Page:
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Country update-Vietnam: Securities & Banking


The State Bank of Vietnam (Ngan hang Nha nuoc Viet Nam, SBV) is the central bank of Vietnam. It is a ministry-level body under the administration of the government. The SBV governor is a member of the cabinet. The prime minister and the parliament of Vietnam (National Assembly) act jointly to nominate the governor of the SBV. The SBV’s principal roles are to:

Support monetary stability and implement monetary policies.

Support institutions’ stability and supervise financial institutions.

Support banking facilities and recommend economic policies to the government.

Support banking facilities for financial institutions.

Manage the country’s foreign exchange reserves.

Manage foreign exchange and gold trading activities.

Manage the borrowing and repayment of foreign loans, the provision of loans to foreign parties and recovery of foreign debts.

Print and issue bank notes.

Supervise all commercial banks’ activities in Vietnam.

Lend State money to commercial banks

Join the Ministry of Finance in issuing government bonds and government-guaranteed bonds.

Act as an agent for the State Treasury in organizing bids and in issuing, depositing and making payment for treasury bonds and bills.

Be in charge of other roles in monetary management and foreign exchange rates.

In 1990 the bank system was reorganized. This process led to a separation of the SBV from other commercial banks and was the start of the establishment of the private banking sector. A small number of major state-owned commercial banks still dominate Vietnam’s banking sector.

However, today a process of privatization is underway and the goal is to reduce the state’s share of ownership step-by-step to at least 65 percent during 2018 – 2020, and 51 percent during 2021 – 2025 under Decision No. 986/QĐ-TTg dated August 8, 2018 of the Prime Minister approving the plan for development of Vietnamese banks up to 2025, vision to 2030.

As of 31 March 2021, the State’s ownership ratios in 4 largest state-owned commercial banks are as follows: (i) 80.99 percent in BIDV, (ii) 74.8 percent in Vietcombank, (iii) 64.46 percent in Vietinbank, and (iv) 100 percent in Agribank.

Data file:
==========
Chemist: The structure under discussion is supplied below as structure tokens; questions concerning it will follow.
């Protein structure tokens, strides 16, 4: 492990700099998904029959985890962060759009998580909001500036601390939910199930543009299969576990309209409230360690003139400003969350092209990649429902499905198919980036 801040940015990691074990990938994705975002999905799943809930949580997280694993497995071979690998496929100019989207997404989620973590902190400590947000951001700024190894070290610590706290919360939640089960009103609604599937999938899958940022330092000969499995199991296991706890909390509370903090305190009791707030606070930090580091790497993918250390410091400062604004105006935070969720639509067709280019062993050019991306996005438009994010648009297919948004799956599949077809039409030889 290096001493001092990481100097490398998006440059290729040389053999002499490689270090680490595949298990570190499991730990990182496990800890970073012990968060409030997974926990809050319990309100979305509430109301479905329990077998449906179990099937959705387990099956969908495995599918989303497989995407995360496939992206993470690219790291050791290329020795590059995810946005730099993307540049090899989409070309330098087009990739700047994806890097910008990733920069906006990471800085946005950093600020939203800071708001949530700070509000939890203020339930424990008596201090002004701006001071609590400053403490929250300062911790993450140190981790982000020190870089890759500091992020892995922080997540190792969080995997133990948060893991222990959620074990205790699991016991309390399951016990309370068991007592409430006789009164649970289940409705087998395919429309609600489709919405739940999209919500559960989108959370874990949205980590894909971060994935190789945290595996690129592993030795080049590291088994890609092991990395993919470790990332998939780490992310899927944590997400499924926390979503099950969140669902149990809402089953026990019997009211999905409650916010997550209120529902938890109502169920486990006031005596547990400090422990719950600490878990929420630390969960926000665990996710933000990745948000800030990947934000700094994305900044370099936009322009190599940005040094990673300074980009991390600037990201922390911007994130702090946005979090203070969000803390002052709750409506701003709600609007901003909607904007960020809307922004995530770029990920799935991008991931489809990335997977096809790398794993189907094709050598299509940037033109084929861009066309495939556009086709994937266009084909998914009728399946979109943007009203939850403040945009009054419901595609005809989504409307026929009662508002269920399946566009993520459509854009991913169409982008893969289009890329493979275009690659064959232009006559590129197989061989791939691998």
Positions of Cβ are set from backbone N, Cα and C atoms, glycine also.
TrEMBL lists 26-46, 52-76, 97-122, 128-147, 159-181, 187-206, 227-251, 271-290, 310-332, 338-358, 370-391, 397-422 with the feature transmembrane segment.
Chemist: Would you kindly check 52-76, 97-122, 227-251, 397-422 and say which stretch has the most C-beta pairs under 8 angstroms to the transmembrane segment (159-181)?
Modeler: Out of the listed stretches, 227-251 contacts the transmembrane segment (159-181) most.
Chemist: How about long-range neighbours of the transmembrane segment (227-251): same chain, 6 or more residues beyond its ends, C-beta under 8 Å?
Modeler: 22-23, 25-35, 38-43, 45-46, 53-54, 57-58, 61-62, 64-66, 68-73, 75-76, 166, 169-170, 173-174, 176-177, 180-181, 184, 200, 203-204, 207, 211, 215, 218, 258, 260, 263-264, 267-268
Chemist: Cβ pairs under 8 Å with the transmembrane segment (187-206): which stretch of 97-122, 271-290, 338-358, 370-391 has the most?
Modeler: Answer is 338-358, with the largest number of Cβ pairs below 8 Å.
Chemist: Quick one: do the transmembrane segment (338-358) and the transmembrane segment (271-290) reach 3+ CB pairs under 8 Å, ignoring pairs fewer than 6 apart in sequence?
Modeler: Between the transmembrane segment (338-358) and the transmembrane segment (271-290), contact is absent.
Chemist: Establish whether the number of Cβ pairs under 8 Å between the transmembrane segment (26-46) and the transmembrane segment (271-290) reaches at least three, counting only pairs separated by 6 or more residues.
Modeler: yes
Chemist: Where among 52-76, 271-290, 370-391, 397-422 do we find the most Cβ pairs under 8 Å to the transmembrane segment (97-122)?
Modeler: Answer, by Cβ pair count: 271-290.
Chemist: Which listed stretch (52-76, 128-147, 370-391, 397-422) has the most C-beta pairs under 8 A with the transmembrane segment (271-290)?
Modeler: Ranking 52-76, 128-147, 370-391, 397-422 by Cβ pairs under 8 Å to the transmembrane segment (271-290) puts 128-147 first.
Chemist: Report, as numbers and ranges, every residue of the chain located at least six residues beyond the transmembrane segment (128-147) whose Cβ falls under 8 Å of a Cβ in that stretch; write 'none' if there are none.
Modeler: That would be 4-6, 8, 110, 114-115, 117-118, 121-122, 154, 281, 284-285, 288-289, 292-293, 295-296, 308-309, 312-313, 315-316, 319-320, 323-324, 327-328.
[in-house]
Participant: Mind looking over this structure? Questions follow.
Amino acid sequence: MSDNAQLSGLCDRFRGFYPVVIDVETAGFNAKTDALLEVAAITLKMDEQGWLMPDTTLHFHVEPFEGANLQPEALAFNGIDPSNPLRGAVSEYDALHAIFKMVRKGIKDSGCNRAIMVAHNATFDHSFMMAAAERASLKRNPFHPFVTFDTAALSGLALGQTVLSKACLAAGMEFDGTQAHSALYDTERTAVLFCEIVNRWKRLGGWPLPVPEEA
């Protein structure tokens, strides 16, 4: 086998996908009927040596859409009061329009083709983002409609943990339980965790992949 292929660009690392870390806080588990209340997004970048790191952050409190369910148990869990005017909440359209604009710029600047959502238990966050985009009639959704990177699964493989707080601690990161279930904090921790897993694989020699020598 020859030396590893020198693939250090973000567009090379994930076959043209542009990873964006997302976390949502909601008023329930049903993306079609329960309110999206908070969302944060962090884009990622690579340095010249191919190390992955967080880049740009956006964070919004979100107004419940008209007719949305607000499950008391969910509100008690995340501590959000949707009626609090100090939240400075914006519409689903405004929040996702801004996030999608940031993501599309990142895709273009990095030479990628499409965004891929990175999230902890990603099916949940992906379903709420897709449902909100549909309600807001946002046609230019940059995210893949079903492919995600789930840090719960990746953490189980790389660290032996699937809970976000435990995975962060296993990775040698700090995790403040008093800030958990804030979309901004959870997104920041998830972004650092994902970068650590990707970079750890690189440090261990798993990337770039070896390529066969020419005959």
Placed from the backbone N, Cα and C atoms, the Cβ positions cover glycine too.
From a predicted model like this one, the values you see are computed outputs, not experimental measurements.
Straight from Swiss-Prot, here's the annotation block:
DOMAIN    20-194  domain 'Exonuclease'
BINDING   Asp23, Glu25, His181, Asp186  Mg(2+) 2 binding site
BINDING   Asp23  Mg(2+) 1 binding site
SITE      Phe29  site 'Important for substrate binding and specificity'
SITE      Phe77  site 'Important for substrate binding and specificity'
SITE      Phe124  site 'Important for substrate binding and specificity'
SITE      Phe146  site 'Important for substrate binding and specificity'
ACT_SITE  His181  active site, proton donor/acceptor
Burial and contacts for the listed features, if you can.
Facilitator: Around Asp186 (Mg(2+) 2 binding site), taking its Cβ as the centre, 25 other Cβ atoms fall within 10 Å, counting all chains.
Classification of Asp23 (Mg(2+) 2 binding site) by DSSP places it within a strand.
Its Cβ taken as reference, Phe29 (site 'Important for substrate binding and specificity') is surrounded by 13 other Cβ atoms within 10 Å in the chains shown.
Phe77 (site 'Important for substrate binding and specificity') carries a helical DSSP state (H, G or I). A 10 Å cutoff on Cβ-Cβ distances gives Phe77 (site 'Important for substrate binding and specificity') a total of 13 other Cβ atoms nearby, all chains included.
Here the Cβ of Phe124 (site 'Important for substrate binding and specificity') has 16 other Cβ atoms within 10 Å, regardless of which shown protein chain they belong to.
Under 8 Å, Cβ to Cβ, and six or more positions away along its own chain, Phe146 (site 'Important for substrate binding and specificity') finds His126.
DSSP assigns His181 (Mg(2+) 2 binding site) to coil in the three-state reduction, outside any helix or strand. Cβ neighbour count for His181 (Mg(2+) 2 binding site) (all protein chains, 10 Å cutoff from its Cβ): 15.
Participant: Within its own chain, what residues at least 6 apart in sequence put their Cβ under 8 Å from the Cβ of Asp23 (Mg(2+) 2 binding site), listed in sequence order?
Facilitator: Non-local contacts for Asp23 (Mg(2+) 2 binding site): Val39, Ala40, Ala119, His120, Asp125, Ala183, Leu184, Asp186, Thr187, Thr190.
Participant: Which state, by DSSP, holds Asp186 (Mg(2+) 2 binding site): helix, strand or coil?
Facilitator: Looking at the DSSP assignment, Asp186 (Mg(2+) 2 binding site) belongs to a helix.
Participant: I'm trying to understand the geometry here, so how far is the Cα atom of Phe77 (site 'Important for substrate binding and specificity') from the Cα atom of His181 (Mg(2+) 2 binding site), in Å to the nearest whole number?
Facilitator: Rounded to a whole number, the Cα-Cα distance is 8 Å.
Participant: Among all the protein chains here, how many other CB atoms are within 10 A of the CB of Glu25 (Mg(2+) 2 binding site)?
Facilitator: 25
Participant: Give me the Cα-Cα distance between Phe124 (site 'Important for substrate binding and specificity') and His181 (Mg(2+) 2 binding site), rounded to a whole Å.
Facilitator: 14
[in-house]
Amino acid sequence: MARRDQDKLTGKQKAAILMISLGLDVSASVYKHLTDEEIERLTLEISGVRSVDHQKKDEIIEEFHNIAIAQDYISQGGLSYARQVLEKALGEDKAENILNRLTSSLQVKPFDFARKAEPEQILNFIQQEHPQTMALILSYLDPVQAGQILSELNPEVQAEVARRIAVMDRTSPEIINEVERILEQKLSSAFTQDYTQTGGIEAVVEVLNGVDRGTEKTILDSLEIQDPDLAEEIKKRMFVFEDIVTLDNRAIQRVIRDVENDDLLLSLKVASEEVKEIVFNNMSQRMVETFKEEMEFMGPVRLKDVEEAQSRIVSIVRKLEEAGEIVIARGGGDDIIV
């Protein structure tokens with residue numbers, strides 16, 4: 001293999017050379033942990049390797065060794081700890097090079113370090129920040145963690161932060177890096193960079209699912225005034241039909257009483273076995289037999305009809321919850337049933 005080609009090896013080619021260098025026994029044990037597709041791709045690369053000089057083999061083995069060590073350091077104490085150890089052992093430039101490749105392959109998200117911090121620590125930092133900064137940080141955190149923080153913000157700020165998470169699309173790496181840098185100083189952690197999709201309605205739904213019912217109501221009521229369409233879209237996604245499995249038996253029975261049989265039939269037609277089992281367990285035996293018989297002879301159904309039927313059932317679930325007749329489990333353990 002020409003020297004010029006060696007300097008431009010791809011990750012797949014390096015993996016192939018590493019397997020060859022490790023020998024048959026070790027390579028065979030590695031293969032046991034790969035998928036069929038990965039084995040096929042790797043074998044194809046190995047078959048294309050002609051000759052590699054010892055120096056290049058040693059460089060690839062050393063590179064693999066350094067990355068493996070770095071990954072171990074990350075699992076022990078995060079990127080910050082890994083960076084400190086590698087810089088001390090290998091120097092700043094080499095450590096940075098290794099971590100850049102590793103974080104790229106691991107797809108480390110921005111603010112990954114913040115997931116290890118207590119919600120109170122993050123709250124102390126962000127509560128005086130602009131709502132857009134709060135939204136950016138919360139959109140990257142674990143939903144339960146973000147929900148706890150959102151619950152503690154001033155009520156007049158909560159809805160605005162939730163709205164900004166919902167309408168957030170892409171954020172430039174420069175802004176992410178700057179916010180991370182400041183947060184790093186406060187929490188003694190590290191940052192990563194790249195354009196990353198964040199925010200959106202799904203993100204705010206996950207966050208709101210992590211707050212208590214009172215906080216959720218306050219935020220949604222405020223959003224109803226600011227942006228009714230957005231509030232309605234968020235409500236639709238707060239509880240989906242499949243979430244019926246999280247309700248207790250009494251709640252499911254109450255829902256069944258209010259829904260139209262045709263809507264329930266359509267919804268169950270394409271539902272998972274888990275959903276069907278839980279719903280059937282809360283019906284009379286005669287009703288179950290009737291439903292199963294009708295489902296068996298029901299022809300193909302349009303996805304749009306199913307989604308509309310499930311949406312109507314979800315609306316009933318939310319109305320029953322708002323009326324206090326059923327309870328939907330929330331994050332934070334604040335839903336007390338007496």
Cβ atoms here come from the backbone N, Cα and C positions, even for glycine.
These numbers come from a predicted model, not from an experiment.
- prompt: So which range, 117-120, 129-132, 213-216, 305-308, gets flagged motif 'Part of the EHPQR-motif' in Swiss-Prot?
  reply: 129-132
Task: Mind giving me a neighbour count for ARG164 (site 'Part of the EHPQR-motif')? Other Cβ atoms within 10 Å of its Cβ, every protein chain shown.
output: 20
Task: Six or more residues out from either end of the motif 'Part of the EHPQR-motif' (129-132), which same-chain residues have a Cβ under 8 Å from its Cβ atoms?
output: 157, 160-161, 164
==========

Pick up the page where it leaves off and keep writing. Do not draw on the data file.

Foreign ownership restrictions for Vietnamese Credit Institutions

On January 3, 2014, the government-adopted Decree 01/2014/ND-CP on purchase by foreign investors of shareholding in Vietnamese credit institutions. Decree 01 became effective on February 20, 2014 and replaced Decree 69/2007/ND-CP on purchase by foreign investors of shareholding in Vietnamese commercial banks.

In Decree 01, Vietnamese credit institutions, which may offer shares, include:

shareholding credit institutions (i.e., a credit institution established and organized in the form of a shareholding company and include shareholding commercial banks, shareholding finance companies and shareholding finance leasing companies); and credit institution currently converting its legal form from a credit institution operating in the form of a limited liability company to become a credit institution operating in the form of a shareholding company.

Foreign investor includes foreign organizations [institutions] and foreign individuals. Foreign organizations include:

Organizations established and operating under the laws of a foreign country and any branch of such institutions overseas or in Vietnam; and an organization, closed-ended fund, members’ fund or securities investment company established and operating in Vietnam with foreign capital contribution ratio above 49 percent. Foreign individual means any person who does not hold Vietnamese nationality.